Bunny Williams: The BeeLine Home Collection
BUNNY WILLIAMS’ brand new, signature collection of home furnishings and accessories, BeeLine Home, may have just debuted in April, but it’s already causing quite a buzz—in Atlanta and beyond. Marked by superb quality, competitive pricing and exquisite details, BeeLine boasts a stylistic mix that makes it work in just about any setting—and can easily create a collected look in an instant. So in tandem with her recent visit to the Mrs. Howard showroom for the Atlanta launch, we caught up with the designer to find out just what makes BeeLine so special.
Bottoms-up Drinks Table
Porter Drinks Tables
You have said that it is sometimes challenging to find the perfect pieces to complete a room. In your experience as a designer, which pieces have been the hardest to find, and why?Well, when I say hard to find, I mean that these are essential pieces that everybody needs. You need that perfect table to go at the end of a sofa. Coffee tables, bedside tables…every designer needs those things. I really wanted to address the things that people are always looking for: little tables to go next to a chair—I call them drinks tables—just those tiny tables you need to put a glass down or have a cup of coffee. Sometimes you can use four of those in room. I also wanted to create beautiful lamps with beautiful bases, plus accessories, and these very versatile dining chairs.
Eclipse Chair and Eclipse Arm Chai
Your Eclipse Chair and Eclipse Arm Chair embody such a fusion of designs. I notice touches of Hollywood Regency, Mid-Century, and Neoclassical design. What were your inspirations?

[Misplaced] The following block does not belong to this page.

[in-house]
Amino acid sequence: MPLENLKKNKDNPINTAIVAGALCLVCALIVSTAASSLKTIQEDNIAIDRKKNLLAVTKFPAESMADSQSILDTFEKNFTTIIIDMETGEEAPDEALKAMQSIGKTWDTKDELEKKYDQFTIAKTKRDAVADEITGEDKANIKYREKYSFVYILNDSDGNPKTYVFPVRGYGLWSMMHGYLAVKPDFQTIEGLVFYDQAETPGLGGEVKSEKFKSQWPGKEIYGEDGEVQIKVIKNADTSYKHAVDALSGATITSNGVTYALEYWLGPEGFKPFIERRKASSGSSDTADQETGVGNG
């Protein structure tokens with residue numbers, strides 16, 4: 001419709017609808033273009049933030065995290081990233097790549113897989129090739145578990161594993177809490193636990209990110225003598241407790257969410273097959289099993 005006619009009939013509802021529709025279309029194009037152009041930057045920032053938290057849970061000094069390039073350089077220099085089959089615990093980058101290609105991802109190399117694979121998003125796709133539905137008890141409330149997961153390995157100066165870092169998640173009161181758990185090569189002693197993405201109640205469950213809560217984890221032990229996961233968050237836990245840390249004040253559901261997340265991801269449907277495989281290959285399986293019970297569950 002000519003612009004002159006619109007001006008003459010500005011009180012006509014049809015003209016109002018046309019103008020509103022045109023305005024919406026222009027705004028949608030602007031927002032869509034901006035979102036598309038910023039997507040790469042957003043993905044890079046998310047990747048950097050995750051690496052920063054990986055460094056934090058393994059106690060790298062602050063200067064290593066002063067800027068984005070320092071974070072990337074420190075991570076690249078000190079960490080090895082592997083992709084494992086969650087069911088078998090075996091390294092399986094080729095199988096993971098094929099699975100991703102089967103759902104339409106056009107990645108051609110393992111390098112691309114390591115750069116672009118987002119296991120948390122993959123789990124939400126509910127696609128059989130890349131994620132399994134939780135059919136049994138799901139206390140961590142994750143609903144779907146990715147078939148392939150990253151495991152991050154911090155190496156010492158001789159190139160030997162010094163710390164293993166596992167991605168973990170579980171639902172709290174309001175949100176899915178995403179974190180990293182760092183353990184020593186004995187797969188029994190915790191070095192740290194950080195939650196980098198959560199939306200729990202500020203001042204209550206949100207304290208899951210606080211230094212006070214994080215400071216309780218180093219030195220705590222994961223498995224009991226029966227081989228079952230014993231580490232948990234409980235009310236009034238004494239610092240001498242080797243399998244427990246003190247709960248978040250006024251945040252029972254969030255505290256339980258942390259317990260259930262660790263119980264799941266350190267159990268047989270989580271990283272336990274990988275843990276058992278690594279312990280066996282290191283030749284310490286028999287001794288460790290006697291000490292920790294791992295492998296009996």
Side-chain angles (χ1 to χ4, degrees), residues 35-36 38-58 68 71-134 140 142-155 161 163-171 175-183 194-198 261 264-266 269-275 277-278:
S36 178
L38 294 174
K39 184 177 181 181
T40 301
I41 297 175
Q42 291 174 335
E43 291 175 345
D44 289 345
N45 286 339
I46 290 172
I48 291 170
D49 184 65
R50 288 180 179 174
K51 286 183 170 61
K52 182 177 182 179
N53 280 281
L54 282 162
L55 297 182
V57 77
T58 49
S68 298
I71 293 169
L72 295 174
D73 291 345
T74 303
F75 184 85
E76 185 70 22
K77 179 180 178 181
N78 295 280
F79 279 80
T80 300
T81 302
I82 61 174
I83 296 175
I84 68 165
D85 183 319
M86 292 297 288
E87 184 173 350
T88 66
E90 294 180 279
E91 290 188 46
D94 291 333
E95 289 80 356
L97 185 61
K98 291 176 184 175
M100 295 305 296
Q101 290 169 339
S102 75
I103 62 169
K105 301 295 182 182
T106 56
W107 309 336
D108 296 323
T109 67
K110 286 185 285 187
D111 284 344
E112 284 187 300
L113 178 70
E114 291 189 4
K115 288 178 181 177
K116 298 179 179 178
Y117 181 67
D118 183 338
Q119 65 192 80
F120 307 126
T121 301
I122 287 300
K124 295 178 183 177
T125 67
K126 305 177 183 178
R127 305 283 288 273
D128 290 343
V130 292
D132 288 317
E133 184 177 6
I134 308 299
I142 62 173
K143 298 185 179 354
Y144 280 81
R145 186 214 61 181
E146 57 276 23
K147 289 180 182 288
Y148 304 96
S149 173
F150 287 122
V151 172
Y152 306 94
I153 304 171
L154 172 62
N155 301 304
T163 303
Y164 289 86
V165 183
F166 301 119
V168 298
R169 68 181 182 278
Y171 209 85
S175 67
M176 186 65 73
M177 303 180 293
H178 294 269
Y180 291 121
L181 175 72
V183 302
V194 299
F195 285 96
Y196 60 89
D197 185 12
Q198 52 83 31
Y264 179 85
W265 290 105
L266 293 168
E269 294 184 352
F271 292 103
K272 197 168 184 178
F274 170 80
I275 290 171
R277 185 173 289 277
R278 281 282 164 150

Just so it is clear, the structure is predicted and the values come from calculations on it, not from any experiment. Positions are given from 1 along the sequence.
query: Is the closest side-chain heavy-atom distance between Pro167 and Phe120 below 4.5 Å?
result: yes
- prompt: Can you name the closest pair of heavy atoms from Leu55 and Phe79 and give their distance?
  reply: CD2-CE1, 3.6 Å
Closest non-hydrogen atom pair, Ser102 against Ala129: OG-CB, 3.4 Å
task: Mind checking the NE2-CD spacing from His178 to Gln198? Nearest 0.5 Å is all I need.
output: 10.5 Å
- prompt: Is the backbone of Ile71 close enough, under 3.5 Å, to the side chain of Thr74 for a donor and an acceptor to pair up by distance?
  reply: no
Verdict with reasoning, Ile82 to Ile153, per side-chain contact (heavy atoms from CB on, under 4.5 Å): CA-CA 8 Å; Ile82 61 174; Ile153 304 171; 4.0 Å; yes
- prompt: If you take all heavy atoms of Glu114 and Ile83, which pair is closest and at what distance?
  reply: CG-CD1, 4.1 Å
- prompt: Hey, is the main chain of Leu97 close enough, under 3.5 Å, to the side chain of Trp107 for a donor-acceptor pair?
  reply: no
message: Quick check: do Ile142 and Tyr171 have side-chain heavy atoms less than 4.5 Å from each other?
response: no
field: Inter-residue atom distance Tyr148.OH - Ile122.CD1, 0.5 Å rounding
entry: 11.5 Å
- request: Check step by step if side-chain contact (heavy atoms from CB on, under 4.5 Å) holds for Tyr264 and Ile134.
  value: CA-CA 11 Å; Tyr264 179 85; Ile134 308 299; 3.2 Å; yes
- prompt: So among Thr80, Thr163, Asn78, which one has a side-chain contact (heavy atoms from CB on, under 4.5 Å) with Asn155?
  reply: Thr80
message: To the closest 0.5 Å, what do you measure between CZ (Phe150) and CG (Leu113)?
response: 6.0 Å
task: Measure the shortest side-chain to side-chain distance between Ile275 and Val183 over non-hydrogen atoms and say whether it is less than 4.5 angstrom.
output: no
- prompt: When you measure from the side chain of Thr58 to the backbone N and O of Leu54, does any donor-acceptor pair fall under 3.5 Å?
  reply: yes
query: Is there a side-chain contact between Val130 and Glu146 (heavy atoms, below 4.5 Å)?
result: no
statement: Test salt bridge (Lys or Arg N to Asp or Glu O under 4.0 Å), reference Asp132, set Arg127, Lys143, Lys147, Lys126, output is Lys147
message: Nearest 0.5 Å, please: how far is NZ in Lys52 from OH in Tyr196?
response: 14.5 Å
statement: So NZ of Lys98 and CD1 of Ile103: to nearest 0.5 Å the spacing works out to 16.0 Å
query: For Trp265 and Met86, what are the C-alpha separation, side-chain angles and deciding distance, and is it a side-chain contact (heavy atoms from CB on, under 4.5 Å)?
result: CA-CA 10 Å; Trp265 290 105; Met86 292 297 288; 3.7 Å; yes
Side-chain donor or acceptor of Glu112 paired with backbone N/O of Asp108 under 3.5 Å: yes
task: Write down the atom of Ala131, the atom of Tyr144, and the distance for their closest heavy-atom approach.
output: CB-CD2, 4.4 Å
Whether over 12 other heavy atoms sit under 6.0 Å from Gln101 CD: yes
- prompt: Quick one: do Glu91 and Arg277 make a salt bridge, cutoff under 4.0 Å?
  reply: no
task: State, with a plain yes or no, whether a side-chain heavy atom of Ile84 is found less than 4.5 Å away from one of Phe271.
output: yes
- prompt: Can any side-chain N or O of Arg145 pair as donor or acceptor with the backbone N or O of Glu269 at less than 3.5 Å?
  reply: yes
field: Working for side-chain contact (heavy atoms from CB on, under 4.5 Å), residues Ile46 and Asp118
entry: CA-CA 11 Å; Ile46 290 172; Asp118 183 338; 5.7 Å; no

Eclipse represents the basis for a lot of things in the collection: to have not-too-traditional but also more modern style at the same time. If you have antiques, you can put it with antiques; if you have more modern furniture, you can put it with that. I was trying to make pieces that were transitional. I think a lot of times people don’t know who they are. They might come from a traditional background and want to be traditional, or they may say, ‘I don’t want that; I want to be modern.’ What’s great about these is that they can work with any taste.
Are there any pieces in the collection that are more special to you than others?
Well, I love the gold Twigs Mirror. I own the original. It’s always something that interests me when you have the juxtaposition of a mirror that’s carved like twigs—something natural—and then gilded. It’s something more simple made to look more elegant. The rooster Parish Cachepot is a reproduction of one I bought from Mrs. [Sister] Parish’s estate. These are things that are sentimental to me.
Work Horse Desk
With its modern style and practicality, the Work Horse Desk fits right into Williams’ daily routine
What design challenges did you face when designing these pieces?
I have a phobia about wires. I hate wires hanging down. So when I was esigning a desk that I knew I was going to work with a lot, I wanted a solution to that. The Work Horse Desk has a hollow slot for the wires that lets them run down the back leg and across the floor. Sometimes design comes from not only things you like but also things that bother you.
What made this the right time for a collection for you, after 22 years with Parish-Hadley and more than 20 years in your own design business?
This has taken a very long time. To get from my first idea to the finished product has taken four years. And it’s taken that long because I had to do it in this complicated way. I had to find the factories; do the design; go to China, Indonesia and India to find suppliers and factories; find warehouses to store it, and so on. All of the upholstery is done in California, but the wood pieces are done in Indonesia. Everything is done by hand—it’s incredible. Take the carved Garden Panel, for example. The workmanship is just beautiful.
A close-up view of the intricate workmanship of the Garden Panel.
What manufacturer did you work with to create this collection?